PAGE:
Applying principles of universal design provides support to all people, regardless of their individual needs. For example, when considering someone with English as a second language, you can facilitate access by incorporating a design that uses clear and simple text and methods of navigation. However, the design clearly benefits all users and so through the process of startup accessibility, you now have a strong product that promotes ease of use. The hidden benefit to these design elements is that those with visual and/or learning difficulties find them useful and allow them to fully participate and interact with you.
A further example might be the ability to turn off features within the technology solution that have rich colours or flashing videos. This might benefit those who have seizures, are colour blind or who are accessing your solution through a device or environment which doesn’t support them.
As described here, startup accessibility is not a separate, bespoke enterprise requiring special effort to ‘tick a box’ for a minority. Startup accessibility in practise is a by-product of excellent design and development, has wide-ranging benefits beyond people with specific disabilities and maximises the potential network available to make connections with.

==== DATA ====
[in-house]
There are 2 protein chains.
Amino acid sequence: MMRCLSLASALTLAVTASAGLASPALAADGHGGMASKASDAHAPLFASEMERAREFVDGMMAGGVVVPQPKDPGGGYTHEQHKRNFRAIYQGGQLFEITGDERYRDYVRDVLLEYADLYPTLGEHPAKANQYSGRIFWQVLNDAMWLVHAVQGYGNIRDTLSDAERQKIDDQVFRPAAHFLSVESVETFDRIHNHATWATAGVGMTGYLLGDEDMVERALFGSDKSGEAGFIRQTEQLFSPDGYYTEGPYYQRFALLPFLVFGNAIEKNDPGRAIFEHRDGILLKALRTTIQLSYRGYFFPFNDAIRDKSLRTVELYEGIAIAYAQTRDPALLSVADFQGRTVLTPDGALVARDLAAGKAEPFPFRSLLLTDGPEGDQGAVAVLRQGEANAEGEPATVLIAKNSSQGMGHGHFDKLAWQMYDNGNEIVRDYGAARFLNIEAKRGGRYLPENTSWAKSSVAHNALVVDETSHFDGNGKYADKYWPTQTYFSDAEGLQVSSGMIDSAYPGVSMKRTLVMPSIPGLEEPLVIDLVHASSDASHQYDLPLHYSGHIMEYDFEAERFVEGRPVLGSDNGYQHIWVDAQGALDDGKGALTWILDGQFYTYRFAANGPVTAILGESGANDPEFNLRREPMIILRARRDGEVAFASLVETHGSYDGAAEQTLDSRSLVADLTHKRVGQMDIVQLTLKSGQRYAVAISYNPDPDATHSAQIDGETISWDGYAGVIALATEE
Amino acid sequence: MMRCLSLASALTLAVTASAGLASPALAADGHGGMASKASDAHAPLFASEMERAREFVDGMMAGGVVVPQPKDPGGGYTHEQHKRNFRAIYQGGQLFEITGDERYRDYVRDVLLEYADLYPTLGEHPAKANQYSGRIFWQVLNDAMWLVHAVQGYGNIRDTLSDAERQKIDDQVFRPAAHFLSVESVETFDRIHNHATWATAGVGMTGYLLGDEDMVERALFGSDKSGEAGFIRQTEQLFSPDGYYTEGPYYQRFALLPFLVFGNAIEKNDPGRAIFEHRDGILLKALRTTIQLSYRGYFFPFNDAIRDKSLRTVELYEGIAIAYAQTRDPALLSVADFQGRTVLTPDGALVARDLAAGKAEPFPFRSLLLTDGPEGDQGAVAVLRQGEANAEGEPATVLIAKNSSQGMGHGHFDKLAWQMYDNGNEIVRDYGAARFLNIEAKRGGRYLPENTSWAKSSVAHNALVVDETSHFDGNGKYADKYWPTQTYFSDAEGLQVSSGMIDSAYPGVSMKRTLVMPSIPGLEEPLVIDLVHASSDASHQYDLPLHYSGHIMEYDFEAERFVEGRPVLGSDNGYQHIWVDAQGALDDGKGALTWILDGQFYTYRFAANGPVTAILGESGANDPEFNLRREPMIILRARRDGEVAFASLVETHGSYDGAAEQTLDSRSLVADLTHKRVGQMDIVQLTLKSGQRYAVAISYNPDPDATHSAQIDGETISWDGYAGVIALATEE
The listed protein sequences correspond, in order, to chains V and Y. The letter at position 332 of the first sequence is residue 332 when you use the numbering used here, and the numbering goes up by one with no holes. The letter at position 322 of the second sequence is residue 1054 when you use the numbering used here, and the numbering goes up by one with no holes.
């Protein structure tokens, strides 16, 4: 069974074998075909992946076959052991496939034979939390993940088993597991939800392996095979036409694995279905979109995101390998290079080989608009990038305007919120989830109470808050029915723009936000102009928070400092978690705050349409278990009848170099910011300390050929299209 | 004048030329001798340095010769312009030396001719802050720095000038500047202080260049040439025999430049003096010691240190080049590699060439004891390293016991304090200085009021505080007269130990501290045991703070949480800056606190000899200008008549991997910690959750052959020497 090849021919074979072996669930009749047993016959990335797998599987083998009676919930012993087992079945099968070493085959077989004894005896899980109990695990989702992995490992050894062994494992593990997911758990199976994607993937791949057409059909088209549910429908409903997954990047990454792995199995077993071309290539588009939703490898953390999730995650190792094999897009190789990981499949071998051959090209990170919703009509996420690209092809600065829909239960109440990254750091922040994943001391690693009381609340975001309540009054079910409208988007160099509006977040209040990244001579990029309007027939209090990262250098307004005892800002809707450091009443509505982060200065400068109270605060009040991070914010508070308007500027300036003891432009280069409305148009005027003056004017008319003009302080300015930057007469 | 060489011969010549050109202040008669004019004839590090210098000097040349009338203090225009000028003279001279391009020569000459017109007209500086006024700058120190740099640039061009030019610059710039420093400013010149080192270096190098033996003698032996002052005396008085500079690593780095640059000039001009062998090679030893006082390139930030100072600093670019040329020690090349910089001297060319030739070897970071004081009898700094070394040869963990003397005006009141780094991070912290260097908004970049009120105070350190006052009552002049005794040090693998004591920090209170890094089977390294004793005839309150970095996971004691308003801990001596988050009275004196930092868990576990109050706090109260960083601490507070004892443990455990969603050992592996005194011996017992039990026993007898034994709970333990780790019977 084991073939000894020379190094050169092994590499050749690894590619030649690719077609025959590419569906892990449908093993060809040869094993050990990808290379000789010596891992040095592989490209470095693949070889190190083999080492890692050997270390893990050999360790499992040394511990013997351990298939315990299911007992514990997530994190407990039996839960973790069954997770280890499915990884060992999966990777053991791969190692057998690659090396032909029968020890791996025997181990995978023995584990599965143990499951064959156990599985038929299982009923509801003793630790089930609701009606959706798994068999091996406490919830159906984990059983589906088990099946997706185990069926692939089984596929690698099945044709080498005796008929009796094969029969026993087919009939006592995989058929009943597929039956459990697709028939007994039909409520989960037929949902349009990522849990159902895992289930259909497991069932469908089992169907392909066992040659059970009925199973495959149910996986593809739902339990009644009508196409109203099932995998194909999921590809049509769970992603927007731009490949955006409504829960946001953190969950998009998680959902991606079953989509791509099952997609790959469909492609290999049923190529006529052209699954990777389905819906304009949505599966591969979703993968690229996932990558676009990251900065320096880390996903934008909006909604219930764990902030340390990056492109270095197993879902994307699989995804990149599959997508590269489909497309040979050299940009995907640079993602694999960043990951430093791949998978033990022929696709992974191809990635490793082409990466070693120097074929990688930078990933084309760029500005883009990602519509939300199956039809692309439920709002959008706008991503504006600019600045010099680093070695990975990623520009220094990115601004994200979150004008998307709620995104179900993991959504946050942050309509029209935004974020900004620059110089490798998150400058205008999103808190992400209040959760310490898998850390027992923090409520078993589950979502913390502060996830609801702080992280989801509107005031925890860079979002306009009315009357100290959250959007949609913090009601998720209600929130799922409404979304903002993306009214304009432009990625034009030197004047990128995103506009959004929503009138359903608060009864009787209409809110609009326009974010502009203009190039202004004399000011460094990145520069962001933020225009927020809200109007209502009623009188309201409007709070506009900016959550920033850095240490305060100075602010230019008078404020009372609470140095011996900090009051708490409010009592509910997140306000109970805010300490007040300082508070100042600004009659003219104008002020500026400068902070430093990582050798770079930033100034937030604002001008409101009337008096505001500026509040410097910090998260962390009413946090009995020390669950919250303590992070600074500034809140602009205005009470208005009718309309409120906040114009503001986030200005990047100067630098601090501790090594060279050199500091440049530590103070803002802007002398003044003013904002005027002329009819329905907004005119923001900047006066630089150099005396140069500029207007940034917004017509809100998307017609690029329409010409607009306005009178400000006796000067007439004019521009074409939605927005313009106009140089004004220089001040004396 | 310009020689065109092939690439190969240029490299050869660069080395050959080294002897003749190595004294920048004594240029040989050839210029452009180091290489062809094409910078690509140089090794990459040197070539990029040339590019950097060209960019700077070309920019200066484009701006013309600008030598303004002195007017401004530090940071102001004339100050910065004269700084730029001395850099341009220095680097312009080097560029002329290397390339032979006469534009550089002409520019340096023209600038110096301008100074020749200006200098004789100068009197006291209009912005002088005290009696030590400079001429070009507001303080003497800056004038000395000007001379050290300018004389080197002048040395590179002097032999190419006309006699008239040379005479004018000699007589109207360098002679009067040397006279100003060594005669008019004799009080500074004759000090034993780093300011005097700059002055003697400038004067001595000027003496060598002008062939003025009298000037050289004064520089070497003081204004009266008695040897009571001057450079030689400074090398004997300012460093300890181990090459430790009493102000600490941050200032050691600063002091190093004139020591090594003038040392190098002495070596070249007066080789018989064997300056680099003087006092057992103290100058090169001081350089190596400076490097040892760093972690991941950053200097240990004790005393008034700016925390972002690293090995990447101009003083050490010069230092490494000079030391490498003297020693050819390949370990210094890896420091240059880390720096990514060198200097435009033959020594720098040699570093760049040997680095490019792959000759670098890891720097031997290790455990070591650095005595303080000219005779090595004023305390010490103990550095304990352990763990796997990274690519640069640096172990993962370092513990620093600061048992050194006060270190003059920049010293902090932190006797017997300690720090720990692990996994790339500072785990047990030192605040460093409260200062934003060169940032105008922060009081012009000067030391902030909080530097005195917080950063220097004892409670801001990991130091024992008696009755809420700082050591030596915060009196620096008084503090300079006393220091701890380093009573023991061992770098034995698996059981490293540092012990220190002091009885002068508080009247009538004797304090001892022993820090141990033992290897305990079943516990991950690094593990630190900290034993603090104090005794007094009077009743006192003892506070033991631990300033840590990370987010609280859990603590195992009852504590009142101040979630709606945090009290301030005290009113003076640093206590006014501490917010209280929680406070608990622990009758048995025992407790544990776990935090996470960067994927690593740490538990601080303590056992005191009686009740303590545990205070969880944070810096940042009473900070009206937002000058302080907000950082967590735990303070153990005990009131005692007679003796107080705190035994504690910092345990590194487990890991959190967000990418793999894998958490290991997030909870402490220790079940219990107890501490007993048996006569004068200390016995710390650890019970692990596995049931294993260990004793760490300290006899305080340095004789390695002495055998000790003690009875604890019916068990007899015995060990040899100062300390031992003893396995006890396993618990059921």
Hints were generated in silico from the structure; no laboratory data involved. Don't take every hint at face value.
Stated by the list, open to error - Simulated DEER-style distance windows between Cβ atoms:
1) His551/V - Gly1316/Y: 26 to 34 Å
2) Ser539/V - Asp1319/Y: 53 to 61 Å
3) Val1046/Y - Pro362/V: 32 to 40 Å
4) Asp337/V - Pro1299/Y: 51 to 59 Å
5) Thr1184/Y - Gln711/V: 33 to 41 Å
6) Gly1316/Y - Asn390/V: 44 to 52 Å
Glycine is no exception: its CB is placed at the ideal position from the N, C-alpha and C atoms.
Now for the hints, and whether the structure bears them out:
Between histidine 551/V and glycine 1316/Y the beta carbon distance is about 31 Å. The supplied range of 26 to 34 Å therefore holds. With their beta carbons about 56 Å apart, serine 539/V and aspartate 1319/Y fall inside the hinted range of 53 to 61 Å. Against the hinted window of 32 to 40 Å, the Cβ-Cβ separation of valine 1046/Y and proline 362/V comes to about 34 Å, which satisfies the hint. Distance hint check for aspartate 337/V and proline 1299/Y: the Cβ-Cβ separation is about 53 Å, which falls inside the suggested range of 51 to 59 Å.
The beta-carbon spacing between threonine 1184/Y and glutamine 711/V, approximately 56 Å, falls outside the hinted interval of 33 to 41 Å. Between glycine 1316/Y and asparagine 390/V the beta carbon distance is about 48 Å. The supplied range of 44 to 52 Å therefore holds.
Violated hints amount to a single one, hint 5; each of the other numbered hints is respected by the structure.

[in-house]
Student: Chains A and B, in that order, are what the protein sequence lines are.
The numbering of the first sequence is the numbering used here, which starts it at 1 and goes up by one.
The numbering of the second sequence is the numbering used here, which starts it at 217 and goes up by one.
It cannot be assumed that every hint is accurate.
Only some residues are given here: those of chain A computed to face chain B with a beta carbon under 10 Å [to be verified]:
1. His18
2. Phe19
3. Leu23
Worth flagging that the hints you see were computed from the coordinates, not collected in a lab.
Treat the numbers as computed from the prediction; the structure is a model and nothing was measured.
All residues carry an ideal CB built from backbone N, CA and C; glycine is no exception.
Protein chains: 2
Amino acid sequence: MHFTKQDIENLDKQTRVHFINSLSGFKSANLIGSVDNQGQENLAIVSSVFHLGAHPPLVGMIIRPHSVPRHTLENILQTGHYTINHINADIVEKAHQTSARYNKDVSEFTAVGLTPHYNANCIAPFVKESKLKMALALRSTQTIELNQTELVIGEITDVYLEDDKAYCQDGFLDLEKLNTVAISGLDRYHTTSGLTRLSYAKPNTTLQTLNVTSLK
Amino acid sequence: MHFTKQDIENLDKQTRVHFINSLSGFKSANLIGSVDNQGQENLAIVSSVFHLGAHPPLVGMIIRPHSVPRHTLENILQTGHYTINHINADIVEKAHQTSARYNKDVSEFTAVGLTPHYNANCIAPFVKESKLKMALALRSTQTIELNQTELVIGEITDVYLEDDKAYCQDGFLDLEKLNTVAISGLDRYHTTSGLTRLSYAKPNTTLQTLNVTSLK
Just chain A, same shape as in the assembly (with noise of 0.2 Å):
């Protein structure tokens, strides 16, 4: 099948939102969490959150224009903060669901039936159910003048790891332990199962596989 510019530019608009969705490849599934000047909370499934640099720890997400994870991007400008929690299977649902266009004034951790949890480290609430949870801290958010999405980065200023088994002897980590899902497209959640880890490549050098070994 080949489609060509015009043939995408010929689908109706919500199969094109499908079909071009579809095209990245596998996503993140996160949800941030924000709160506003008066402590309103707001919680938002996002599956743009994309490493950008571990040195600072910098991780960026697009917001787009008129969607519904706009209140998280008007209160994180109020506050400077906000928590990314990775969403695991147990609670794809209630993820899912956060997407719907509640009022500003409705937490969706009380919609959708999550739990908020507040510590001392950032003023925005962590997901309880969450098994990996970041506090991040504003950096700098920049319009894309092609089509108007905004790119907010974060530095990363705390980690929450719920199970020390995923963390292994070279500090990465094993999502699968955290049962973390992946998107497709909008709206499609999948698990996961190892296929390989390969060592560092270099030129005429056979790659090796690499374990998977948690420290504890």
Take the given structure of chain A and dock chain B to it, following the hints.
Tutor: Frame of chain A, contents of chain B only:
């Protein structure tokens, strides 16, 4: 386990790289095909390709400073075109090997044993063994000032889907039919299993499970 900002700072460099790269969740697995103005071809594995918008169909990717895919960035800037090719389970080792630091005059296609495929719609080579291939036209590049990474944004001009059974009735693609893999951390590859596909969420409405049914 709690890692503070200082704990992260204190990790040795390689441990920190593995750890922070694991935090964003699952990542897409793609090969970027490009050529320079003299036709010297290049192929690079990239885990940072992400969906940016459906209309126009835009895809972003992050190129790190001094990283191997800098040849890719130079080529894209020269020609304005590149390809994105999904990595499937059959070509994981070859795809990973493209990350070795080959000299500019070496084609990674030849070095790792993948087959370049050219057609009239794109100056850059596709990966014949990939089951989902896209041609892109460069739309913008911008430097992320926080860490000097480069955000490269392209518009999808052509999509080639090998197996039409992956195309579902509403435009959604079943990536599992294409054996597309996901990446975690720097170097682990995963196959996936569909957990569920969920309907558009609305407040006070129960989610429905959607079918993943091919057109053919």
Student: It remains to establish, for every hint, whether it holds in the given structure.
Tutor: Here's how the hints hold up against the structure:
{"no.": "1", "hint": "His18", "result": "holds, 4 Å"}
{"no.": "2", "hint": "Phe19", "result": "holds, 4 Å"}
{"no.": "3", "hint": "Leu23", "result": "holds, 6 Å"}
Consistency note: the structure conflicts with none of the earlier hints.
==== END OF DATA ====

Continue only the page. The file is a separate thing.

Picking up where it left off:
3. Startup accessibility – start as you mean to go on
As an organisation grows in size and becomes established, it may turn out to be more complicated to integrate accessibility into the operation. Including accessibility in the DNA of the organisation from the ground up is much easier than attempting to add it on at a later time. In this sense, startups hold a competitive advantage against existing competitors operating in the same space. Holding accessibility and inclusion as a core value to the startup also holds certain benefits in using corporate responsibility to show your network that the brand cares about these issues.